Sermon for the Second Sunday after the Epiphany, January 15, 2017 Mass By the Reverend Stephen Gerth

Year A: Isaiah 49:1–7; Psalm 40:1–10; 1 Corinthians 1:1–9; John 1:29–41

I think it was in a ninth or tenth grade English class that I learned about the power of an opening line. The example my teacher used was the famous first sentence in Herman Melville’s novel, Moby-Dick—“Call me Ishmael.”[1] Though I knew who Ishmael was; he was Abraham’s first son, but not the son of his wife, I didn’t know how the author was using his name. My teacher showed us how knowing the story of Ishmael of the Bible told us something about the Ishmael of the novel. Fortunately, we weren’t being asked to read Moby Dick—and I confess that I have never finished reading it. Our teacher was teaching us something about how to read—how to think.

In much the same way, each of the four evangelists, we will learn at the end of their gospels, set the stage for what each wants us to know about Jesus Christ when they begin.

A good Bible study could be had by comparing the opening lines of each gospel and, for our purposes tonight, by comparing the first words spoken by Jesus in each gospel. The opening lines are all pretty famous, especially that of the unnamed evangelist we call John, “In the beginning was the Word, and the Word was with God, and the Word was God.”[2]

Jesus’ first words in John are spoken to two of John the Baptist’s disciples, Andrew and another of John’s disciples who is never named. Jesus asks them, “What are you trying to find?”[3] They answer with a question, “Where are you abiding?—or remaining?”[4] Jesus replies, “Come and see.”[5] They saw the place, and they remained—stayed—with him. In John, those who remain with Jesus become believers, and they become the children of God.[6]

It turns out that Classical and New Testament Greek have many words that carry the meaning of our English verb “to see”: S–E–E.[7] One of them means “to see something or someone.”[8] One carries the sense of “to catch a glimpse and/or to experience,”[9] One word is often translated, “Behold.”[10] Dr. Mark Davis points out, in his Greek New Testament blog, that in English we say, “I see what you mean; and sometimes we say, “I know what you mean.”[11] It works that way in Greek, too.

By contrast, New Testament Greek only has one verb meaning “to hear.”[12] And it will turn out, that Jesus’ last words, at the end of John (but not including chapter 21, the gospel’s “epilogue” or “appendix,” where Jesus reveals himself to some of his disciples who are fishing in the Sea of Tiberius), Jesus will say to Thomas, who doubted what he had heard about the resurrection, “Blessed are those who have not seen and yet believe.”[13] What matters in this gospel is not seeing Jesus, but hearing the Word and believing in him.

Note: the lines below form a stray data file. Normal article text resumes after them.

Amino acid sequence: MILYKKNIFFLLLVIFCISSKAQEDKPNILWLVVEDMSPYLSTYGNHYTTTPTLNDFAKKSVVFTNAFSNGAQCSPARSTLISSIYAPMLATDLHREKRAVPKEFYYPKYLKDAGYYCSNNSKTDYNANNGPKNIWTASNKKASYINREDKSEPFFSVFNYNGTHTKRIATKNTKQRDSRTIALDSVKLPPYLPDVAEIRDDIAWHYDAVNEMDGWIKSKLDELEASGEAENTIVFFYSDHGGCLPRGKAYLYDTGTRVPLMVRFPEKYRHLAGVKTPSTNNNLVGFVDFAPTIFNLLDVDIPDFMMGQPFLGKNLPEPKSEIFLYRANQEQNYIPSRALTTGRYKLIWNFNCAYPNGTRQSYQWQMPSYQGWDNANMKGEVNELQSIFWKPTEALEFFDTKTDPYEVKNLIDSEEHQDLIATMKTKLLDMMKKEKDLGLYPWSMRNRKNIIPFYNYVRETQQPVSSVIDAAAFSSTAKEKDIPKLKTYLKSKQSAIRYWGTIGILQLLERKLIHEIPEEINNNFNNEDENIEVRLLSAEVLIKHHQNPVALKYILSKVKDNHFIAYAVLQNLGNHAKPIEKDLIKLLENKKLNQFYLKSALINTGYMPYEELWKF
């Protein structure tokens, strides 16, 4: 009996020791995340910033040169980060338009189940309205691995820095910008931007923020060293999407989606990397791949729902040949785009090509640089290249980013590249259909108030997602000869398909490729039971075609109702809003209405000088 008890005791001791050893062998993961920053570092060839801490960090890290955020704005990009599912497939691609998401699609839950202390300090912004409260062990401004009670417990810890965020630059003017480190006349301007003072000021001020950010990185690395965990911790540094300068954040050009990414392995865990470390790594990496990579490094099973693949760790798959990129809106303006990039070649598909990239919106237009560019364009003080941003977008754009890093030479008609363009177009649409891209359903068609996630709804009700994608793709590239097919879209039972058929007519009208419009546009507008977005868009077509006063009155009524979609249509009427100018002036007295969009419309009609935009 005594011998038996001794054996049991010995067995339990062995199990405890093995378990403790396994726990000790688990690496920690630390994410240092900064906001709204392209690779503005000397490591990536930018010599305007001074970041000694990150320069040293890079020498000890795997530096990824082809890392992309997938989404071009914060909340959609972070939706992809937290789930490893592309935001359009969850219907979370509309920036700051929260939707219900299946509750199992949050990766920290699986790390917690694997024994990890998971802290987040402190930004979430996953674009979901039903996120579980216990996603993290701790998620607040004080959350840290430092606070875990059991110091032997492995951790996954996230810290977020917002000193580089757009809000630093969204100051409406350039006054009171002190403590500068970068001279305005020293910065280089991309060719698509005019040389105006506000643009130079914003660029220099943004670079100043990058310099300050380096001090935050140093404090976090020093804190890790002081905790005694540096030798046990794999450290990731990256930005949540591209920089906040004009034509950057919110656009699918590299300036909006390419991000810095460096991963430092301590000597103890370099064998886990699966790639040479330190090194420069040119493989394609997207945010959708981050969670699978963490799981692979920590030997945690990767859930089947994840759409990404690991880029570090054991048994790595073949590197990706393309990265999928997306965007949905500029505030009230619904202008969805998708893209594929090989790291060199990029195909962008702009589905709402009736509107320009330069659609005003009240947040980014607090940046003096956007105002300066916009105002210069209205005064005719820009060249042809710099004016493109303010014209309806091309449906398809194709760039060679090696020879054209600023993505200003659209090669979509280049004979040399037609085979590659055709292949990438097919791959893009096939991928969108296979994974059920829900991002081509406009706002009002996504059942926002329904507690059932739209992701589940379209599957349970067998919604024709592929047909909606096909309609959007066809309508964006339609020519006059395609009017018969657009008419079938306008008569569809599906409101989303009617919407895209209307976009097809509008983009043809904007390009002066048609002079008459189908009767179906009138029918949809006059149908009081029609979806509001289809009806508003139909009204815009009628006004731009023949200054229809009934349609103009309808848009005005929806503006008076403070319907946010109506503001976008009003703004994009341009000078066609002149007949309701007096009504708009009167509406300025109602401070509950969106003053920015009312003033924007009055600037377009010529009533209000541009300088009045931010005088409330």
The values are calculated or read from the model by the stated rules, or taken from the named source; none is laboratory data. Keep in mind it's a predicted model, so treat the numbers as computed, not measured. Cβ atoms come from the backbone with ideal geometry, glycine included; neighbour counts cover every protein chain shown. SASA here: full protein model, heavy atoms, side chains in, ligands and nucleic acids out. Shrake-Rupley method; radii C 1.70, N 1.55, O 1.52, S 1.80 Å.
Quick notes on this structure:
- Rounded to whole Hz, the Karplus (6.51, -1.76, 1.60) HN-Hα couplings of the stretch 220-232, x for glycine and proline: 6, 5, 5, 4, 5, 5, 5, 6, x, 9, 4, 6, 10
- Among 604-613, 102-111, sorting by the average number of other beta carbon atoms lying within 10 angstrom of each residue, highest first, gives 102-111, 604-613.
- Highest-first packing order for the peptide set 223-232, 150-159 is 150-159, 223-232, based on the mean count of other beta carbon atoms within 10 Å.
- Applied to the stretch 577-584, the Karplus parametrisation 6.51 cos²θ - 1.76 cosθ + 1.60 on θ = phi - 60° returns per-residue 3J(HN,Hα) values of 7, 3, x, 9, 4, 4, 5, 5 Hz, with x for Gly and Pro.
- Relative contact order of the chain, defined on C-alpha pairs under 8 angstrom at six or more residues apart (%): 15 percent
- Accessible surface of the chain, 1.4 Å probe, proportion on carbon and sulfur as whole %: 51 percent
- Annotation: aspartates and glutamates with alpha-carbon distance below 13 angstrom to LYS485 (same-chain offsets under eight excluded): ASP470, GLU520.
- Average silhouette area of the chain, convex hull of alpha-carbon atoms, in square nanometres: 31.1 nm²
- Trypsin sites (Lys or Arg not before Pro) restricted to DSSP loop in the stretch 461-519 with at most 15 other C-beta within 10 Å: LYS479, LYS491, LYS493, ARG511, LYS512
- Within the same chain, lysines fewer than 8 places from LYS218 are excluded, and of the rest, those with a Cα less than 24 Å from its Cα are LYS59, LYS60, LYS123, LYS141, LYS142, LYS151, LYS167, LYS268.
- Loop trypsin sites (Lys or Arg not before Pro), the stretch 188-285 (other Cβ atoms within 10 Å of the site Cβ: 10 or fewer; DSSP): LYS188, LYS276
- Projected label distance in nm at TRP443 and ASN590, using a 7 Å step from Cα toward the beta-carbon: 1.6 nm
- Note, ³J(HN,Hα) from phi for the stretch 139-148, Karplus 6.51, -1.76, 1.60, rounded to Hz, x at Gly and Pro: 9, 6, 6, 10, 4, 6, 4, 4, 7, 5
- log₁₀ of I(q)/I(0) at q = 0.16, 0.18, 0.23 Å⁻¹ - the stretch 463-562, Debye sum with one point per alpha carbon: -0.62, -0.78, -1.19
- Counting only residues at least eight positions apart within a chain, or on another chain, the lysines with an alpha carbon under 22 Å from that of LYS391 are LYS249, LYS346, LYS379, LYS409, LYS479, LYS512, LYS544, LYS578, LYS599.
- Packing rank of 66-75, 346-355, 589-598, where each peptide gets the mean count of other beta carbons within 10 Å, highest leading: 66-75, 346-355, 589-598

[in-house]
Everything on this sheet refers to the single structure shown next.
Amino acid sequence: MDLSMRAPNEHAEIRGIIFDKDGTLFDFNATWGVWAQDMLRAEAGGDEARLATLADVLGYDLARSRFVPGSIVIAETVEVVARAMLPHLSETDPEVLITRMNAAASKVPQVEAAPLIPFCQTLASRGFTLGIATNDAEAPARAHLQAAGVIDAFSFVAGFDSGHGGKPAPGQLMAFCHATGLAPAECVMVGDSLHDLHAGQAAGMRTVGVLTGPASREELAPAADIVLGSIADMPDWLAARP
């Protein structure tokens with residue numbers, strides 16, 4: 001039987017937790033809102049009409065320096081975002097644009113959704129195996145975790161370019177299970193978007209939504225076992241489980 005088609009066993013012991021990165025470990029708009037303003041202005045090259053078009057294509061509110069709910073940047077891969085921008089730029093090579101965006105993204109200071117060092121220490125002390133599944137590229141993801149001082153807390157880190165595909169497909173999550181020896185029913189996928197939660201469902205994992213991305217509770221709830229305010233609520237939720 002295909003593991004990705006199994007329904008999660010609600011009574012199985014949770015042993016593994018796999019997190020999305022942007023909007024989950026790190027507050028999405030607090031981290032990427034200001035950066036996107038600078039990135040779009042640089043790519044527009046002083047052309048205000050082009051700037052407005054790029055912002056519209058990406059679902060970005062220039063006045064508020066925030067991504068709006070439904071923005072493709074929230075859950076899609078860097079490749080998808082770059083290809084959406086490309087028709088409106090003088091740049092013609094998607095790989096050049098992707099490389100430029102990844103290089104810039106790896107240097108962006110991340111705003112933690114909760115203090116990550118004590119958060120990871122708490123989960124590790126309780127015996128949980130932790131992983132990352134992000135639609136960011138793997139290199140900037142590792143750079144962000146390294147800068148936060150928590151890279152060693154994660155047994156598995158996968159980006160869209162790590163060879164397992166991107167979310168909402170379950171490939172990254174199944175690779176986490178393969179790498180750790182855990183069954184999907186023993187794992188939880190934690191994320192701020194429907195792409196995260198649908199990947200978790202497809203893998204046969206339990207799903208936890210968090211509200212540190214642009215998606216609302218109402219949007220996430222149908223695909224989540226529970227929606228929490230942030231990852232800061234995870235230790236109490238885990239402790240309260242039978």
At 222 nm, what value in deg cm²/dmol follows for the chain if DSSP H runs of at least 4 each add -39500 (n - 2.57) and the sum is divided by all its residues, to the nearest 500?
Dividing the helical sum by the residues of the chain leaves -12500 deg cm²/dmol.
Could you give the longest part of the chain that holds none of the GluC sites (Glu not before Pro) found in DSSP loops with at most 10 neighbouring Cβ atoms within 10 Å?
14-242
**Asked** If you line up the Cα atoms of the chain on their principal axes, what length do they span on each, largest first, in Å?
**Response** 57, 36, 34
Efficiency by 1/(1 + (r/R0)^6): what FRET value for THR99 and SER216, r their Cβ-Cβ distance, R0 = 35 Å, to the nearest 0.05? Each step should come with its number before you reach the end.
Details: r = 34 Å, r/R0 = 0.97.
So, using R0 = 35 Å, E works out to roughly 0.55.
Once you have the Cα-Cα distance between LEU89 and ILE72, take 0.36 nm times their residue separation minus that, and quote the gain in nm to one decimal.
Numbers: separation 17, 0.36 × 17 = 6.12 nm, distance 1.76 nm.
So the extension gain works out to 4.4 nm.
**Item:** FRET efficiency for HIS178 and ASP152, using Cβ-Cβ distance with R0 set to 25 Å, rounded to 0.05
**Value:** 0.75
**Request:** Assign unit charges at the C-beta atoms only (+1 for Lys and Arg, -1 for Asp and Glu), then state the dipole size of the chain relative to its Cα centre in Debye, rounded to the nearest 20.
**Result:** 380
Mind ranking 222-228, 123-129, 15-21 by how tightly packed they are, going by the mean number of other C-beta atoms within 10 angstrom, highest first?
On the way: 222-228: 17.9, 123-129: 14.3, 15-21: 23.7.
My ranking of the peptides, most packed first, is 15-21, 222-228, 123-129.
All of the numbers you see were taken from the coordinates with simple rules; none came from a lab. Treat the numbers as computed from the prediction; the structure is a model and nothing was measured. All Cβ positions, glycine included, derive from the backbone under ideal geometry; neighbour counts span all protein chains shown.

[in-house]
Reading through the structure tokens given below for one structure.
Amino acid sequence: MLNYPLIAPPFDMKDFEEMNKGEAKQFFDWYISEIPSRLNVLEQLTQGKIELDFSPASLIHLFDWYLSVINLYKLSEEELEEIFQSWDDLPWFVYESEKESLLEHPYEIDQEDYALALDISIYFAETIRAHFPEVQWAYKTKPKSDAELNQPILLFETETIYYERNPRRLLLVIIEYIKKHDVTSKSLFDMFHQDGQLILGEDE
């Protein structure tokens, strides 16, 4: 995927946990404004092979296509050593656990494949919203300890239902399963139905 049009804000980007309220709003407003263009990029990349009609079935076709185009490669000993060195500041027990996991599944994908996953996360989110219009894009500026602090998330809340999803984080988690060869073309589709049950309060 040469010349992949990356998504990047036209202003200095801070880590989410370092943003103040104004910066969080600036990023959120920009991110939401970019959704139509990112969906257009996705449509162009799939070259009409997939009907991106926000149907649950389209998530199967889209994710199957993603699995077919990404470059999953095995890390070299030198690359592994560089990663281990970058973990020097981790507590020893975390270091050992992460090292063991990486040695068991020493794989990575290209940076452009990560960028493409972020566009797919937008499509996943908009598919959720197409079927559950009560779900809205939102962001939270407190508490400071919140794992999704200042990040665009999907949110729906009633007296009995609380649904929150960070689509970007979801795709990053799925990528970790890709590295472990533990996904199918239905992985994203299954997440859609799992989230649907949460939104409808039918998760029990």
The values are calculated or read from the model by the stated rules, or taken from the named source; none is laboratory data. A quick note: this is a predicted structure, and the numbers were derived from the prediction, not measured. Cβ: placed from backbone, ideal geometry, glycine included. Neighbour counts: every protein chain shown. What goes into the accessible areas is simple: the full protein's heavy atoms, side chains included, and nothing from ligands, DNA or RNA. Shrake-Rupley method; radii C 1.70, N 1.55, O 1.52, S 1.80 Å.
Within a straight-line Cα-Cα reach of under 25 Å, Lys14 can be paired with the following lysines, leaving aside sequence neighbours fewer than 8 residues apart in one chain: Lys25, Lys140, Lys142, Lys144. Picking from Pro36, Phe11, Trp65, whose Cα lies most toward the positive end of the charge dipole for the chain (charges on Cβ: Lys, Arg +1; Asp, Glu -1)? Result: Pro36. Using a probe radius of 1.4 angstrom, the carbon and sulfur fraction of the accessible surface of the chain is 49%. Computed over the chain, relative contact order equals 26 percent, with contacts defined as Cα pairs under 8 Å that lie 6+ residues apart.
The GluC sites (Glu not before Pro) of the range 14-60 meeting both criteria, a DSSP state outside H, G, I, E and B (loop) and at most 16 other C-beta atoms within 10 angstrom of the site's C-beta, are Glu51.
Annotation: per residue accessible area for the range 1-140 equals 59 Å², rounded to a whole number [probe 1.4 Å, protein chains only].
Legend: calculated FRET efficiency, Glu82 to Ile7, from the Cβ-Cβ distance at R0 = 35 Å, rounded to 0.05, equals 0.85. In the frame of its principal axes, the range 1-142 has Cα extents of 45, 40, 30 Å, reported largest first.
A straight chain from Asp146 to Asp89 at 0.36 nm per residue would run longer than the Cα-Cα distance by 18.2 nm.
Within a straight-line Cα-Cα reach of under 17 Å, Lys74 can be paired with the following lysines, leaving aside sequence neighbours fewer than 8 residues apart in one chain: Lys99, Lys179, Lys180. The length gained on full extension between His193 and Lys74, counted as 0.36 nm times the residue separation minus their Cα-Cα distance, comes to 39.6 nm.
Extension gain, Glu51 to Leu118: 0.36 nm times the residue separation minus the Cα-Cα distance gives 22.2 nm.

In Mark, Matthew, and Luke, John the Baptist preaches “a baptism of repentance for the forgiveness of sins.”[14] But in the fourth gospel, John—he’s simply John, the only John, in this gospel—there’s no list of the twelve in this gospel—proclaims, “I came baptizing with water, that [the Lamb of God] might be revealed to Israel,”[15]—so he could be seen, so others could see and know.

John doesn’t get a whole year in our three-year lectionary cycle, but he does get a lot use where his text seems to fit best. One place is today, the Second Sunday after the Epiphany. This year, it’s John revealing Jesus to two of disciples. Next year it will be the rest of this first chapter where Jesus calls Philip and Nathan'a-el. They hear Jesus tell them that they will see greater things.[16] And they do. In the third year, his disciples see the miracle at the wedding at Cana.[17]

“What are you and I trying to find in life?” is a question we human beings answer in many different ways across the years of our lives. Andrew and the other disciple of John asked the right question, “Where are you?” Their question and Jesus’ answer are still the right words for our hearts, our minds, our souls, our lives.

✠ In the Name of the Father, and of the Son, and of the Holy Spirit. Amen.


[1] Herman Melville, Redburn, White-Jacket, Moby-Dick, Library of America (New York: Literary Classics of the United States, Inc., 1983), 795.

[2] John 1:1.

[3] John 1:38. My translation.

[4] Ibid.

[5] John 1:39.

[6] Raymond E. Brown, Christ in the Gospels of the Ordinary Sundays: Essays on the Gospel Readings of the Ordinary Sundays in the Three-Year Liturgical Cycle (Collegeville: Liturgical Press, 1998), 95.

[7] Wilhelm Michaelis, “ὁραω, εῖδόν, et seq.,” Theological Dictionary of New Testament, ed. G. Kittel, trans. and ed. G.W. Bromily (Grand Rapids: Wm. B. Eerdmans Publishing, 1964–1976), 5:316.

[8] Walter Bauer, A Greek-English Lexicon of New Testament and Other Early Christian Literature, rev. and ed. Frederick William Danker, 3rd ed. (Chicago: University of Chicago Press, 2000), s.v. “βλέπω,” 178–79.

[9] Ibid., s.v. “ὁραω, ” 719–20.

[10] Ibid., s.v. “εῖδόν,” 279–80.

[11], (Accessed 13 January 2017).

[12] Kittel, 5:316.

[13] John 20:29.

[14] Mark 1:4; Matthew 3:2; Luke 3:3.

[15] John 1:31.

[16] John 1:43–51.

[17] John 2:1–12.


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